“Off The Record”, which was shown on WPRI-TV (Channel 12, Rhode Island’s ABC affiliate), ran for a year. They showcased many local acts (and not just the bands on their own roster) such as John Cafferty’s pre-“Eddie & The Cruisers” Beaver Brown and received a New England Emmy nomination for their efforts (the only entertainment show produced outside of Boston to receive a nomination). But it was still not enough.

Although all their current acts were still performing successfully on the southern New England scene, by the early 1980s, Mike and Stu decided they’d best regroup. Stu returned to New York and Mike remained in Rhode Island for a year before moving to California. A year later, Stu joined him and they worked together again for another year. But by that time, Mike decided he wanted to return to the performing end of the business while Stu wished to remain in a behind-the-scenes role and they dissolved Mike Lewis – Stuart Weiner Enterprises, Ltd. for good.

Although none of their Rhode Island artists ever became big stars, Lewis and Weiner managed to push more R.I. musicians into the upper reaches of the music business than just about anyone else. They secured nine major label record deals for their artists and their second wave of Rhode Island-based activities brought a new sense of excitement and purpose onto the scene.


Stu is semi-retired and still managing the affairs of Wemar Music.

Mike returned to the stage, first forming a successful band called Trinity with his wife Renate, a singer from Long Beach, and now performing as a duo, Mike & Renate. He is also still active as a songwriter.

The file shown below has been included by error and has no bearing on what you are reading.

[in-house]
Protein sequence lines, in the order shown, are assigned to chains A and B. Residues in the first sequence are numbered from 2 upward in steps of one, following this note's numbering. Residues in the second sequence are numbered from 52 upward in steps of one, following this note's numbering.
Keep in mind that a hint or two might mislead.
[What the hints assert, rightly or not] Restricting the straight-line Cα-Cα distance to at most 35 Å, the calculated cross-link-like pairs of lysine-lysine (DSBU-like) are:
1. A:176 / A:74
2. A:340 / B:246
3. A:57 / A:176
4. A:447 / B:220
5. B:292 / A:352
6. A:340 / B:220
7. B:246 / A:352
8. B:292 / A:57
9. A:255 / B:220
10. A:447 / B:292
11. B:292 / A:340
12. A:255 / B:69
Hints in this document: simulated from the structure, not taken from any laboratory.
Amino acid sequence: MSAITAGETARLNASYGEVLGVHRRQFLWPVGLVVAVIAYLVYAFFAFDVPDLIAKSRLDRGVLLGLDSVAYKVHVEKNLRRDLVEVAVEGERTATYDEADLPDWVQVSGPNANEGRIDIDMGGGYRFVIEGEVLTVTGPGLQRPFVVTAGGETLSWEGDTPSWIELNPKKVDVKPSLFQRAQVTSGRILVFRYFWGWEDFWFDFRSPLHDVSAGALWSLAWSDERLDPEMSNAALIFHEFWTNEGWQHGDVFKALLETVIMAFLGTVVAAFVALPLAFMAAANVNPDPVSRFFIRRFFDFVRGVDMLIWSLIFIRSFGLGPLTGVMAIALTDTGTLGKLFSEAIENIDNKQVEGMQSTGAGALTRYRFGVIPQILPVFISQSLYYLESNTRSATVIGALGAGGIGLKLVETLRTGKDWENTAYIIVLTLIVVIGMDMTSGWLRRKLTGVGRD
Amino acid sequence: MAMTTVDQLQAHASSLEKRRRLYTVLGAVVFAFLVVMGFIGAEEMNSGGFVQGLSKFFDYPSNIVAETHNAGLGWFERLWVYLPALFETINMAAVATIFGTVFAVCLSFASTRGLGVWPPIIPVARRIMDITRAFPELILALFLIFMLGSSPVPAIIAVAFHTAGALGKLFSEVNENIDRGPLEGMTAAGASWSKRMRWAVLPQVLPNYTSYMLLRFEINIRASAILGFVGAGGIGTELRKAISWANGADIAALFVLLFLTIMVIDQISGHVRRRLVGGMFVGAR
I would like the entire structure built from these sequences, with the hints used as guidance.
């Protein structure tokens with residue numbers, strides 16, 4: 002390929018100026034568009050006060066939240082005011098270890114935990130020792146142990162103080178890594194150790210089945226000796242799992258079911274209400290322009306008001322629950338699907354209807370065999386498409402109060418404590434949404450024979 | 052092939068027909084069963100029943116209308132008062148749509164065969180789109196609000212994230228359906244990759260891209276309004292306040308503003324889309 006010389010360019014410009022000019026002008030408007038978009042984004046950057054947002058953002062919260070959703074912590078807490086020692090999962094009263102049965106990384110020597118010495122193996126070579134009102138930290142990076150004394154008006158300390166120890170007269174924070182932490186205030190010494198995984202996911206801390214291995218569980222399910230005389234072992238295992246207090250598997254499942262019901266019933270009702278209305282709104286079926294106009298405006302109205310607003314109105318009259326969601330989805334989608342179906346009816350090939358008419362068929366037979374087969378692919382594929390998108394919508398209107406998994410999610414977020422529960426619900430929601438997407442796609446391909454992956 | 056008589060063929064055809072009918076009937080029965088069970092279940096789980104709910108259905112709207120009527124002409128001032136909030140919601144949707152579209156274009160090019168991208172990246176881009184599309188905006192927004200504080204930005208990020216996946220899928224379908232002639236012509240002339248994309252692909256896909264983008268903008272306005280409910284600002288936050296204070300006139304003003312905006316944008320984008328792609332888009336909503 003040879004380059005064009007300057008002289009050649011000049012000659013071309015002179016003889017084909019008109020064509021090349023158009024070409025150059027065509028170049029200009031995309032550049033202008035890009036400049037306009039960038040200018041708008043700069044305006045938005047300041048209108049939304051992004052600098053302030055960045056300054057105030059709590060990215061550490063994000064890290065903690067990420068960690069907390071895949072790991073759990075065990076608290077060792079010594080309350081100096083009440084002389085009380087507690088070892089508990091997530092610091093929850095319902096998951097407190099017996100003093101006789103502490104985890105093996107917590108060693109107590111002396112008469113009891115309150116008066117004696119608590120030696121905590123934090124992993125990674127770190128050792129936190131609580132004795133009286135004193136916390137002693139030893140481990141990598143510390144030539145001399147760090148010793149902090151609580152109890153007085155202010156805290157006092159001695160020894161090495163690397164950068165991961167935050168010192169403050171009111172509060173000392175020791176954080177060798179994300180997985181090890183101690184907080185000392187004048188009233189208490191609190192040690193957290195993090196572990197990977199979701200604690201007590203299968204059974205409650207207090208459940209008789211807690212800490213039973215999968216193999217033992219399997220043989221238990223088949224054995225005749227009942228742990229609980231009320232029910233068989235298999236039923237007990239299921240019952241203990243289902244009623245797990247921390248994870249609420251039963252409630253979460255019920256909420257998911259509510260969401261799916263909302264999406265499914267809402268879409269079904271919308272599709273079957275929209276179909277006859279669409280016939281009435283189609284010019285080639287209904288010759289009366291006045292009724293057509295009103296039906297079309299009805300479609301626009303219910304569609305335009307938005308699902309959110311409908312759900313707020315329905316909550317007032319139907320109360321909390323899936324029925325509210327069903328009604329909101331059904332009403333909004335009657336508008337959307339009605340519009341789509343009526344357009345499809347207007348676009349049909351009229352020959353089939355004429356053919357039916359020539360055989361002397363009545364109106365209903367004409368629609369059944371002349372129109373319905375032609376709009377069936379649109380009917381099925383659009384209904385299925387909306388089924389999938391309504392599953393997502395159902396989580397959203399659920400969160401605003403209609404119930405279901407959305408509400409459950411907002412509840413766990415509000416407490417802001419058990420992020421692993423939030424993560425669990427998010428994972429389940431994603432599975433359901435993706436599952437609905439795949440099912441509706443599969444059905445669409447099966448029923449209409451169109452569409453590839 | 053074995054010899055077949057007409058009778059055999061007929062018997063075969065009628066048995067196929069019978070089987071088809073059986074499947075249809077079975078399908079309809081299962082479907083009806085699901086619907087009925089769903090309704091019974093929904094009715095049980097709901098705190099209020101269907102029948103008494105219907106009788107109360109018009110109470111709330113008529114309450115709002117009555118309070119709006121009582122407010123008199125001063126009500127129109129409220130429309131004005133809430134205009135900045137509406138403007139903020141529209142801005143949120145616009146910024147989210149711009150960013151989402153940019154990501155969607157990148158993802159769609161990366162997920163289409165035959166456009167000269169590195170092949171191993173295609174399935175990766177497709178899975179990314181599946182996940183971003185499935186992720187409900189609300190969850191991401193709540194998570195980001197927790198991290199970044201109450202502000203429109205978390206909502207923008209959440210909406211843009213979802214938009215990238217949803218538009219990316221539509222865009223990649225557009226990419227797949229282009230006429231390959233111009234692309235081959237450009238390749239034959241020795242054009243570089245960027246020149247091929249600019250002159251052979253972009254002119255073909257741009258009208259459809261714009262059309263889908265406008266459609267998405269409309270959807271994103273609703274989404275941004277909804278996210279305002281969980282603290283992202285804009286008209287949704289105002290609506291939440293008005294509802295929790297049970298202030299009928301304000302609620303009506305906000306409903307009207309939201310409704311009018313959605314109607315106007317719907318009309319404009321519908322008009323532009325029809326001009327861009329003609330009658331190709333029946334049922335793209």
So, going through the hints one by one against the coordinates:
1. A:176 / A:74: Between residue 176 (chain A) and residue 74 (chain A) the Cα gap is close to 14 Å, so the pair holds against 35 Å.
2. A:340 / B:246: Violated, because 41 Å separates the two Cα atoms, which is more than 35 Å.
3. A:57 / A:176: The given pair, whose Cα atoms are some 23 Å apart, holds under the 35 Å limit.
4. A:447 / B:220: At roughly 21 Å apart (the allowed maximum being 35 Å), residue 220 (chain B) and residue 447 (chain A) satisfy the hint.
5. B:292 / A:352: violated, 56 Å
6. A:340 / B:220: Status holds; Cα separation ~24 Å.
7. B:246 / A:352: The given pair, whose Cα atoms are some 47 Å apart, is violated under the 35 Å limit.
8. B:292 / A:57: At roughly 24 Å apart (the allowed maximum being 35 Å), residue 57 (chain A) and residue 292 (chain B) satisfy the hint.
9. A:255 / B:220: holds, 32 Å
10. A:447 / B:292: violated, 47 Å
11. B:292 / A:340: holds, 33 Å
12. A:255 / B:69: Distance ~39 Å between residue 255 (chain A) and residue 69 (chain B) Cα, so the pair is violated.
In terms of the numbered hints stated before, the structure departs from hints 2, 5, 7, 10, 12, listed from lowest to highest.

Ken continued to record and perform locally over the years and, since his retirement from teaching, has begun a new and successful second career as an elder-statesman on the Rhode Island scene. The lead guitarist of The Tombstone Blues Band, Duke Robillard, went on to form Roomful Of Blues, recording two albums for Island Records with Doc Pomus and Joel Dorn at the helm, and then pursued a solo career. He is internationally known as one of the greatest blues guitarist of all time and has made considerable inroads to being recognized equally as a master of swing jazz guitar. One of the two female vocalists from Ken Lyon & Tombstone, Brenda Mosher (now Brenda Mosher-Bennett) hooked up with the Prince organization, toured the world, and became a top-selling recording artist as a member of both Vanity Six and Apollonia Six. Guitarist Thom Enright became bass guitarist for Rhode Island recording artists Duke Robillard & The Pleasure Kings, cutting three albums for Rounder Records and performing at The Montreux Jazz Festival. Singer-guitarist-songwriter Jon Polce (now John Polce) is one of the most successful Christian artists in the country. For more information, visit: